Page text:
Jacob And Pharaoh: A Brief Encounter

Jacob and Pharaoh's brief interaction over Jacob's age raises many questions about the complex relationship between the two.

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And with what blessing did he bless him? That the Nile should rise to his feet (Rashi on Genesis 47:10).

Long live the king; long live the king! (II Samuel 16:16).

Your Guide

Which explanation for Pharaoh's question is the most plausible to you?

Which of the texts do you think best explains Jacob's response?

Where would you place Jacob on the scale between the two poles of ego integrity and despair, per Erikson?

How do Rosenberg and the Sha-agat Aryeh illuminate Pharaoh's character?

Take note of the fact that Jacob lived for another 17 years beyond this episode. (His final days are recounted in Genesis 47:28-50:14.) Did Jacob go "gently" or did he "rage against the dying of the light?"

Compare and contrast the three statements from B'rachot 58a, Rashi, and II Samuel that our tradition offers as possible blessings to Pharaoh.

How is Jacob and Pharaoh's encounter relevant to current world events?

D'var Torah

This brief encounter between Pharaoh, the ruler of Egypt, and Jacob, the spiritual patriarch of a fledgling tribe of nomads, raises a number of questions about power and spiritual leadership. How did these two leaders size each other up, and what did each intuitively understand about the other's authority and influence?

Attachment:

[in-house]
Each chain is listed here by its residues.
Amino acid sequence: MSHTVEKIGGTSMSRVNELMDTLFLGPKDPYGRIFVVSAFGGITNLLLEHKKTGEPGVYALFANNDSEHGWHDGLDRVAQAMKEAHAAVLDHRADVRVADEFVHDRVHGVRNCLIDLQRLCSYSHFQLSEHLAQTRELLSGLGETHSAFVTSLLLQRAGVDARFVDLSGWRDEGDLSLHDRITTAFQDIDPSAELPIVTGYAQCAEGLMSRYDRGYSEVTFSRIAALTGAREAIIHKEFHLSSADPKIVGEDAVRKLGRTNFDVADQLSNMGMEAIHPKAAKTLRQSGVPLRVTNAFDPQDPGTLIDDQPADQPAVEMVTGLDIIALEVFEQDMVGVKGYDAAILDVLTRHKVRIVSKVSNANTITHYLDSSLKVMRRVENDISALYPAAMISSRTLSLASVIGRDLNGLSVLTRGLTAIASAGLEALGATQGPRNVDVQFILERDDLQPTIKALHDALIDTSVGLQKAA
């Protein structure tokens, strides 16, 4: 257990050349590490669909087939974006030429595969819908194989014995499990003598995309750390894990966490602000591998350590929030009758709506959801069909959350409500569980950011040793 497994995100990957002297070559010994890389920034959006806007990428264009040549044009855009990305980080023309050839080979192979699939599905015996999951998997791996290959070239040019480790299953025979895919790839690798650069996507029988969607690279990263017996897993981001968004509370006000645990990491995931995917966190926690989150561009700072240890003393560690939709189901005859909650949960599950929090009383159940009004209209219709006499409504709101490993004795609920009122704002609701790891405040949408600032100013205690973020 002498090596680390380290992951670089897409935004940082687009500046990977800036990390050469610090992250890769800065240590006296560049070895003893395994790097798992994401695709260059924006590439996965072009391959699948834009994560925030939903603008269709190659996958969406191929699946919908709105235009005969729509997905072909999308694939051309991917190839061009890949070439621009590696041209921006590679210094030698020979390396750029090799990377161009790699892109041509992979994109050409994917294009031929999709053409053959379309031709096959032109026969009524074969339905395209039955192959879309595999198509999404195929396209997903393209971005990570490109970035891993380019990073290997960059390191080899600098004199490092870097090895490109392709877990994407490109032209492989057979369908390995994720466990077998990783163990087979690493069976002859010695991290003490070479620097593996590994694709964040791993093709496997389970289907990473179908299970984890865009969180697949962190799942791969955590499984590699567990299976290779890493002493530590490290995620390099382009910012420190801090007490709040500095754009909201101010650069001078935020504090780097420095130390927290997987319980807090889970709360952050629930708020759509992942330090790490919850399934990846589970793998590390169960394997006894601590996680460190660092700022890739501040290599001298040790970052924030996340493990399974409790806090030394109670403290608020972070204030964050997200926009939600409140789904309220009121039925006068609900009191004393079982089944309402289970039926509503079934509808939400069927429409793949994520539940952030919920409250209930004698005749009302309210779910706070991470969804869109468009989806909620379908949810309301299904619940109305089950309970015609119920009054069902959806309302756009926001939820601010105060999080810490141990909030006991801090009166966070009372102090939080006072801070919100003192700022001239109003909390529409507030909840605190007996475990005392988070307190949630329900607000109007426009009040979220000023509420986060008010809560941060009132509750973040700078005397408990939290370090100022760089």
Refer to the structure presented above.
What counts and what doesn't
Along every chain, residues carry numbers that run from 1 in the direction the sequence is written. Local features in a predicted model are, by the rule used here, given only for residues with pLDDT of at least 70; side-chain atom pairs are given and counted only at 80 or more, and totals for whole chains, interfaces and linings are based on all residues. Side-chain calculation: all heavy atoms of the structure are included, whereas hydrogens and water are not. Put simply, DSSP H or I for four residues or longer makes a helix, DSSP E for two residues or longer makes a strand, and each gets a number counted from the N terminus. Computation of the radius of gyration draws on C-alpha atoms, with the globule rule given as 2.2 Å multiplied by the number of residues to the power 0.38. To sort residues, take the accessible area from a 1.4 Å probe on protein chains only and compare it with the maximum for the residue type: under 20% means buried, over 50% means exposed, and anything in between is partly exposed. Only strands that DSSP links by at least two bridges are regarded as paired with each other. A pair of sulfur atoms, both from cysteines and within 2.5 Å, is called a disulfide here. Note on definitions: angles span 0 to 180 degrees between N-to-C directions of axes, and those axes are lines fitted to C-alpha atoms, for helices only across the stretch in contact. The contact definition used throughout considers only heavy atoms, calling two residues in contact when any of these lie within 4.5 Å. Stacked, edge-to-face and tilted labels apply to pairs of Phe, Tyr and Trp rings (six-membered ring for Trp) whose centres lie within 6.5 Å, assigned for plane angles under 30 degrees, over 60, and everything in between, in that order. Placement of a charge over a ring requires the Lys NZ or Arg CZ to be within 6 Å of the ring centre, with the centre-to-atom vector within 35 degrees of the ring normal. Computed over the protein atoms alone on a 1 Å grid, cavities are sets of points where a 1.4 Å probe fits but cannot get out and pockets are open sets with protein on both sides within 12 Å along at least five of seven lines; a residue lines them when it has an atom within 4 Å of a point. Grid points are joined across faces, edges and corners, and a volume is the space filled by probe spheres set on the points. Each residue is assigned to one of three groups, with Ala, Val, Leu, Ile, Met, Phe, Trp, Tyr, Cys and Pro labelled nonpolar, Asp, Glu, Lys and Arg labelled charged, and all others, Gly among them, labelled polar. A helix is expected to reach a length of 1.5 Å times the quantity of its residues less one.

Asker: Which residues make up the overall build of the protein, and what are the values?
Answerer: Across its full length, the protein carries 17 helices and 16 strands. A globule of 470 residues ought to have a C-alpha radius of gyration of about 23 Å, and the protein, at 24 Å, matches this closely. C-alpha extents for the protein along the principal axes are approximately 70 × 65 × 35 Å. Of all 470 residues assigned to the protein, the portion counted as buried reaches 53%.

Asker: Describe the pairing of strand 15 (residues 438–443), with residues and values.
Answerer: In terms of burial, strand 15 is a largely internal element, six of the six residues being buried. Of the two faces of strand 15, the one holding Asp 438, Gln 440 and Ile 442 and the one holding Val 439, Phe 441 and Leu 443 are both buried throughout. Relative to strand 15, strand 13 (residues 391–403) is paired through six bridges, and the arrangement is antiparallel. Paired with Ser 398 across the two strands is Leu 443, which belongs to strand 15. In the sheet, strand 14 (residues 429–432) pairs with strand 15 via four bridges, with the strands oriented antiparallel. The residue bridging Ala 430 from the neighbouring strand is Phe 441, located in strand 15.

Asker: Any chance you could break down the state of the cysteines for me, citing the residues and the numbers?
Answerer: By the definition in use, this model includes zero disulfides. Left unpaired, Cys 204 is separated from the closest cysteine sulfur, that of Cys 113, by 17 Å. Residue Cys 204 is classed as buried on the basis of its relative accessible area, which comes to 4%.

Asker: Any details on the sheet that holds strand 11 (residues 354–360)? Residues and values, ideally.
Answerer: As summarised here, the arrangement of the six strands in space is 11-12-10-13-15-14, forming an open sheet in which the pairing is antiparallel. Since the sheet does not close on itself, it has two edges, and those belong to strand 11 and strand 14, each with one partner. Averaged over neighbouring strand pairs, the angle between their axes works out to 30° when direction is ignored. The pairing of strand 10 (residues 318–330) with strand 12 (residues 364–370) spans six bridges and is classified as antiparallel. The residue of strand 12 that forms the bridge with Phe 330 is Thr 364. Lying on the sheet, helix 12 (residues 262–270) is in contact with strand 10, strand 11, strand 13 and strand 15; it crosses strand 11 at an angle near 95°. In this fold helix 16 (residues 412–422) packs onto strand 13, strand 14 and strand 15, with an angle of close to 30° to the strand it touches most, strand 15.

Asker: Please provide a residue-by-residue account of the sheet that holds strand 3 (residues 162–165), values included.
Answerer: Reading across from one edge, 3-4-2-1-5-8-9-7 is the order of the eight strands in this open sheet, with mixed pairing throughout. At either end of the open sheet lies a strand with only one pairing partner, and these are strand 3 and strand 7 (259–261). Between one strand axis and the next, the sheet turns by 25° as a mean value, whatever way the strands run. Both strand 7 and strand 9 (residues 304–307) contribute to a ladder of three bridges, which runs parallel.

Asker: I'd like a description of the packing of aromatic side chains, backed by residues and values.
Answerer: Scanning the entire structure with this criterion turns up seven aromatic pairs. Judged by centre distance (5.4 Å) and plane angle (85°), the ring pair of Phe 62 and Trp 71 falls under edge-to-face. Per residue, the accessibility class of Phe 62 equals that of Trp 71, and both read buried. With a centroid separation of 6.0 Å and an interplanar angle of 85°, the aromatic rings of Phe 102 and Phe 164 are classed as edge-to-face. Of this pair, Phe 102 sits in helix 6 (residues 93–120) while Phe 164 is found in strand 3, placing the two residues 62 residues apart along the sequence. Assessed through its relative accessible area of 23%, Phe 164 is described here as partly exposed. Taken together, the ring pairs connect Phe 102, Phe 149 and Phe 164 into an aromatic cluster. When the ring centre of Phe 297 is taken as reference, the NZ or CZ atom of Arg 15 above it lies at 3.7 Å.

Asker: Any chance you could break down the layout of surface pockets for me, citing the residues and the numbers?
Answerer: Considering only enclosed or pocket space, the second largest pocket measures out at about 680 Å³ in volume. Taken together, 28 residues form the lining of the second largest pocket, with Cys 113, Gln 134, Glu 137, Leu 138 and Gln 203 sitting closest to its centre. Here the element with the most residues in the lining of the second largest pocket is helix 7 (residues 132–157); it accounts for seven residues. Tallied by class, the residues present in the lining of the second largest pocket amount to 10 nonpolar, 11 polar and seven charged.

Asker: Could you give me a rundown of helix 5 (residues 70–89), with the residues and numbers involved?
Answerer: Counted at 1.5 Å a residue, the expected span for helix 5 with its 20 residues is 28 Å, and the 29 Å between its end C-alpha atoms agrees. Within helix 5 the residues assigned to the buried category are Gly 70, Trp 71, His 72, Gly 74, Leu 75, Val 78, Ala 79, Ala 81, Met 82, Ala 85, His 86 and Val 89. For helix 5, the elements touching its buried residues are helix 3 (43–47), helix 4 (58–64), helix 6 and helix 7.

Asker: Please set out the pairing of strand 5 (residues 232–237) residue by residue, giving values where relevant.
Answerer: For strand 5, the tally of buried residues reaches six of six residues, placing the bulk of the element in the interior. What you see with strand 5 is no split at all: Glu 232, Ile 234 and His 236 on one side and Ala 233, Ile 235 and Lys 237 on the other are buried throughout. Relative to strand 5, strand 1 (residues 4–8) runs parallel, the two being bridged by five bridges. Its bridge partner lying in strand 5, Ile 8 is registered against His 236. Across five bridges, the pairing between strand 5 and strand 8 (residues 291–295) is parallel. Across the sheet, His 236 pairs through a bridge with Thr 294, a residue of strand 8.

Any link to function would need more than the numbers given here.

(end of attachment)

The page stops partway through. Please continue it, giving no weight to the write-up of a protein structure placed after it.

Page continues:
Was Pharaoh's question about Jacob's age an insulting attempt to control an old man, or was he looking to Jacob for spiritual advice and wisdom? Consider whether Jacob's revelation about his age was a calculated political move to assuage Pharaoh's fears or the confessional banter of a man expressing his own fears.

Were the blessings that Jacob offered Pharaoh upon his arrival and departure his own one-upmanship of a man who was considered a half-god, or were they a genuine spiritual offering? If theirs was a meeting of equals, as Rosenberg suggests, was there substance to their interchange, or was it a lost opportunity?

While we can't answer these questions definitively, pondering them offers us insight into the psychological and political complexities inherent in Jacob and Pharaoh's meeting and, by extension, in all human encounters.

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Rabbi Pamela Wax

Rabbi Pamela Wax is the assistant director of the URJ Department of Adult Jewish Growth.